Posts Tagged ‘Rosary’

Today I am assigning a Rosary project to my students. They will each need to put together a Rosary meditation using images and quotes on PowerPoint slides. It’s very simple. They choose a set of mysteries and devote one slide per mystery for the set they have chosen. Each slide has the name of the mystery, one image to depict that mystery, and one short quote. Usually when images accompany Rosary meditations they are depictions of the mystery itself. This is what I am modeling for my students and what I expect to see from most of them. However, I’m also going to show them examples of images that do not so much depict the mystery, but rather give a narrowed interpretation of the mystery. (I call this an interpretive image. This is not the best name, however, because all images are interpretive). It’s an interesting exercise. The advantage of the mystery itself being depicted is that it allows for greater freedom in what one may meditate upon concerning that mystery. The advantage of an “interpretive” image is that it brings our attention to an aspect of the mystery that we may have otherwise never thought of. The following are the examples I am giving to my students of interpretive images with accompanying quotes.

The Annunciation


I will make all things new.

The Institution of the Holy Eucharist


For anyone who eats and drinks without discerning the body, eats and drinks judgment on himself. 

The Carrying of the Cross


He took away our infirmities and bore our diseases. 

The Ascension


One short sleep past, we wake eternally, And death shall be no more, death, though shalt die. 

This last image more than the others requires a little explanation. It points more to the fruit of the mystery – hope – rather than the mystery itself. I was struck by the bleakness of the environment and the contrast of the girl’s interiority with it. Within her is light, warmth, joy, and life. Within her is hope.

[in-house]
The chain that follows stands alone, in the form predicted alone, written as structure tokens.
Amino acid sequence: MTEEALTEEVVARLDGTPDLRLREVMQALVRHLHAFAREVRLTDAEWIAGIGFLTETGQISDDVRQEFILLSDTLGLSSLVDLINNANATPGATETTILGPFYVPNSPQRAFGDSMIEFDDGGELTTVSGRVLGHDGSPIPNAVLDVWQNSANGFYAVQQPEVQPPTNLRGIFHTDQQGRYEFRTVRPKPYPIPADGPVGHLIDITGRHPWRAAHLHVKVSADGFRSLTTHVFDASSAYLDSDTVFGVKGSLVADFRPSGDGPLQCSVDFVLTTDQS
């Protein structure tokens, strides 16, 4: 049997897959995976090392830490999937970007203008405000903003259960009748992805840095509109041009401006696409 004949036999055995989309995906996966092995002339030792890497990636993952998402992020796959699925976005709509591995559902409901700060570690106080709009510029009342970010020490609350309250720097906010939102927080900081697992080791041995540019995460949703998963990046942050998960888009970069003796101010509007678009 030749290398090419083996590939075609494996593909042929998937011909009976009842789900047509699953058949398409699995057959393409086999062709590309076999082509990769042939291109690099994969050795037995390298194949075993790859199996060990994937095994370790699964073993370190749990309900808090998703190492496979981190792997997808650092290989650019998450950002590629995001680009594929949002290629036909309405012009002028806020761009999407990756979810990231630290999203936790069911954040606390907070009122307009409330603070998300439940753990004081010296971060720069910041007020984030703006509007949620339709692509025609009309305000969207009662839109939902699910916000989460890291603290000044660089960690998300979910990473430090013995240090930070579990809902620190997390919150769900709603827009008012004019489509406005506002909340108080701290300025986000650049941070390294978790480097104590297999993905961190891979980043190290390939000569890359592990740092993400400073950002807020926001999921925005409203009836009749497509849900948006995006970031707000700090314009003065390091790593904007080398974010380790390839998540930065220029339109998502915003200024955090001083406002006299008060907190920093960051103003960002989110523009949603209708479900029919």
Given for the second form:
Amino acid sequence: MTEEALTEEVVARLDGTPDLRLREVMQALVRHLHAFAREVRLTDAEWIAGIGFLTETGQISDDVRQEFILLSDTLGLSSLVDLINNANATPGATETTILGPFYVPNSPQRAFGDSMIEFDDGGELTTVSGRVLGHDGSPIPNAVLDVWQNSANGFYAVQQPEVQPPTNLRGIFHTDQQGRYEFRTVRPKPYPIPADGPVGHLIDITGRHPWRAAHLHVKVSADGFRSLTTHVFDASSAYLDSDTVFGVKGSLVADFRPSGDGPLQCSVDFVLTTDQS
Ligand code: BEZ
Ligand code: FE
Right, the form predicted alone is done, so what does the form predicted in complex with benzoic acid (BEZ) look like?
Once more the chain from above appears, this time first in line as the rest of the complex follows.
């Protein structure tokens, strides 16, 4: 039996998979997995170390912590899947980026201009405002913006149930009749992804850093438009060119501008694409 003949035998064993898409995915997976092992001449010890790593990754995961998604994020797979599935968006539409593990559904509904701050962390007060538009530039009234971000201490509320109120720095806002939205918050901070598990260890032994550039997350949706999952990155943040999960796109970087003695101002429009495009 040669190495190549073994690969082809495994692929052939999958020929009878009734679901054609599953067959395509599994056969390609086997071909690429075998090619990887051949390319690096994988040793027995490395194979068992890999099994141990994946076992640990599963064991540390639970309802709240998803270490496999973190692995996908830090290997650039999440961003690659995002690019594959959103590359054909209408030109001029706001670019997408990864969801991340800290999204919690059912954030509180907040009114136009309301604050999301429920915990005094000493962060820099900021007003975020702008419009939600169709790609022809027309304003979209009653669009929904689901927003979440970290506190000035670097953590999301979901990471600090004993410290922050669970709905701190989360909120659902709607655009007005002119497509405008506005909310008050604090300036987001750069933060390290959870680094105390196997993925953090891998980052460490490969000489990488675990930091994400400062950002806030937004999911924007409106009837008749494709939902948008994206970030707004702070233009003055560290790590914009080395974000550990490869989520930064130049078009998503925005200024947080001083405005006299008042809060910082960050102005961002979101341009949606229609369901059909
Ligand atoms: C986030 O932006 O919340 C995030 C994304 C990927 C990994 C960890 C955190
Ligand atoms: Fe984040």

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Man’s greatest desire is nothing less than God Himself. It’s not just a desire to be with God though; it is a desire to be God. This is what the most Holy Trinity made us for: to partake of His very nature and, hence, to become divine. The only way that this can happen is through union with Jesus Christ the Lord God.


God came into the world through the Incarnation, His conception in the womb of the Blessed Virgin Mary. We too are called to conceive Christ within us. He desires to be conceived spiritually in our hearts.


In imitation of Mary, having conceived Him we are to bring Him to others proclaiming the Good News of our salvation. Others are to encounter Him and be aware of His presence through their encounter with those who have conceived Him in their hearts.


And like, His mother, we are to give birth to Him. It is not enough simply to bear Him within ourselves; He must come without and be present in the world. How does one spiritually give birth to the One conceived in our hearts? As one grows and develops in the womb so too does He grow in our hearts, changing us until our will, our intellect, our passions, our body and soul are His. The whole given over to Him so that with St. Paul we can say, “I have been crucified with Christ, and I live now not with my own life but with the life of Christ who lives in me.” Giving birth hurts.